- Actual pages are fewer and the indexed pages are greater; there could be a duplication issue with the site.
This is how the warning message will look like if there is any duplication.
Search a specific URL on Google or Bing to see if their crawlers recognize and list the URL in their search results. If it’s not there, it’s either set to “no index” in robots.txt, or the site is penalized.
Google’s Recognition of Your Brand
One of the biggest problems for starters or sites with little popularity is that Google and Bing are unable to recognize them as a brand. Imagine if Google returned you a link to an e-mart every time you searched the term ‘Apple’.
What about your brand? Is it the first thing Google shows when you type the brand’s name? if not, then either Google doesn’t recognize it, or it is penalized if it is nowhere in Google’s results.
Now seems to be a good time as any to bring penalty to light.
What are Search Engine Penalties?
A penalty is when Google stops indexing the page(s) of your site. A penalty effectively means anyone searching the web will never see your site in SERP (search engine result pages).
How to Deal With a Penalty?
To successfully deal with a search engine penalty, otherwise known as ‘manual action’ (because Search Console will notify you), you need to follow these 4 steps:
- Ensure it is a penalty – remember when we said it could be robots.txt? There are hundreds of people who claimed they were penalized but in fact, the pages were set to ‘noindex’ in robots.txt. Algorithm update is not a penalty. But if it has shuffled your rankings, you should consider it as one.
- Find out why you got ‘hit’ – If you receive a message or a notification in Search Console, you can be dead-sure of a manual action. If not, it is most likely due to algorithm update. Luckily, or unluckily, you are not alone. You will find hundreds of people on the internet complaining about the same problem post-update. So head to those forums and find out the cause Sherlock.
- ‘Fix’ the issue and submit your reconsideration request – Do what the engines want you to do. Once that is done, use Search Console tools to file a request to reconsider your site. Remember that reconsideration is only for manual request; the ranking issues arising due to algorithm update will only be resolved with the next update.
3. On-Page Ranking Factors
Okay, now that your site is free from indexing and accessibility issues, let’s move on to on-page SEO factors that have a direct effect on your site’s traffic and rankings.
The term ‘on-page’ is pretty self-explanatory. These are the little things on your site that add up to offer immense value to the visitor. There are two types of on-page factors you need to put in your checklist:
- Page Level – factors that enhance quality of concerned page(s)
- Domain Level – factors that amplify the presence and appearance of your domain as a whole
On-page Factors Checklist
Engines as well as users tend to prefer sites that offer value. In terms of on-page, the real value comes from:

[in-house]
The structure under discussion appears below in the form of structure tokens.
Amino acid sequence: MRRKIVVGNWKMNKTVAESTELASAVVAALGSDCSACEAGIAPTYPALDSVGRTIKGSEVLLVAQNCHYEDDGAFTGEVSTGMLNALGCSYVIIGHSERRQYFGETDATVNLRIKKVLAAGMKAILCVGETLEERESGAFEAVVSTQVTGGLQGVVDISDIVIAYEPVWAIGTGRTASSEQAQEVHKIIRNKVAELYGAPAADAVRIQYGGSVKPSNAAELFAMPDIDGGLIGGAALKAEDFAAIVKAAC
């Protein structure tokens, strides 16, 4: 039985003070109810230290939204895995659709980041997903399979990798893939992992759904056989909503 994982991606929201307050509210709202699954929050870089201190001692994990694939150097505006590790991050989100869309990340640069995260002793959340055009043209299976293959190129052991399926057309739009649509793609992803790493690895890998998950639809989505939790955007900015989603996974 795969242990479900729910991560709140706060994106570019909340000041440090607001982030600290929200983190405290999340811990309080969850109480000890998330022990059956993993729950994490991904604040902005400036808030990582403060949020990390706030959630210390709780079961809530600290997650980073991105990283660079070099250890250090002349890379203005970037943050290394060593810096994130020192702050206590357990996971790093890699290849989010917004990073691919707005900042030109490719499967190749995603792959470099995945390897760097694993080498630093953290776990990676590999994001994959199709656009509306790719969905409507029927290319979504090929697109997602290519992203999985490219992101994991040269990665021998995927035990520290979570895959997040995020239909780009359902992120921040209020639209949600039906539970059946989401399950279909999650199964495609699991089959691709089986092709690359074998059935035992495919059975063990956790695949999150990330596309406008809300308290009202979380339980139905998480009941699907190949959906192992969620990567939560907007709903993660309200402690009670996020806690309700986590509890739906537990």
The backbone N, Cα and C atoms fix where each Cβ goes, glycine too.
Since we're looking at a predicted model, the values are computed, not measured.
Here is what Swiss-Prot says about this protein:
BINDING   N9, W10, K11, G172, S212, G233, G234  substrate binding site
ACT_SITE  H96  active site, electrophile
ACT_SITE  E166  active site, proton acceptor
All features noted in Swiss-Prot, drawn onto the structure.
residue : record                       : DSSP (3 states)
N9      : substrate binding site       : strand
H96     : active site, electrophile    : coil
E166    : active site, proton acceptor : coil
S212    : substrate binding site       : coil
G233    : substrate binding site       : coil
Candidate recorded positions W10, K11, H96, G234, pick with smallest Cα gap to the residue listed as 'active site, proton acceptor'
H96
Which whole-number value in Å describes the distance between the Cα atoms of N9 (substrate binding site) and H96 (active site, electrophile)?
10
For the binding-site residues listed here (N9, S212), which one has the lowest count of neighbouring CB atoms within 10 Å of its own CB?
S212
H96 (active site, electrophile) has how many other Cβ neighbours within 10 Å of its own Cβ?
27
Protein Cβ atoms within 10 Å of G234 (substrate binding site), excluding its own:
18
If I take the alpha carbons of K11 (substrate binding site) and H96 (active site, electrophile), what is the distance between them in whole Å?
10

Your URL is going to be the first thing user sees. It’s only reasonable if you begin on-page optimization from there. So make sure when it’s page level on-page:
- The site’s URL is precise and has fewer than 110 characters.
- It is self-explanatory and has the right keywords
- The URL contains subfolders instead of subdomains as folders are SEO-friendly.
- Always prefer ‘-’(hyphen) over ‘_’(underscore).
And when it’s domain-level on-page, check if:
- The URL is in line with best practices
- The page links are optimized (see page-level factors)
- The URLs follow a pattern
- The URL is under-optimized, over-optimized or perfectly optimized?
Optimize URL-based Content
If two URLs in your site are leading the user to same page, it fools Google’s algorithm into believing both URLs lead to different page. Similarly, there are other alarms that indicate duplicate content on your site, which is what Googlebot despises.
Why Content is The King?
Frankly, nobody like to waste time reading lifeless, valueless content. A piece of work that doesn’t connect, does not sell. Users don’t like it, at all!
It’s not just users. Google and Bing engines are always on the lookout for poor or duplicated content so they can purge their engine off it. To really make your content feel like a king:
- Offer substantial content. At least 300 words should be your aim.
- Don’t waste your words. Deliver quality.
- Never stuff keywords. Always optimize the keywords in your content.
- Don’t make spelling and grammatical errors. It’s out of question.
- Make it immersing, interesting and engaging.
How to Optimize the Content?
Here’s your checklist to ensure your content delivers high value.
- Plan before you act.
- Remove keyword cannibalism
- Remove duplication
Planning the Content
The content and keywords should follow a set and a predefined path. URLs, the on-page content and the keywords, all must follow a plan.
Absolutely No Cannibalism
One keyword should never lead users to different/ multiple pages. It is called cannibalism and offers worst experience to user and the engine.
Make a rough list of your keywords. See if two similar keywords are directing the users and the crawler to different pages. If this is the case, either repurpose the other page or merge the two into one page with unified content.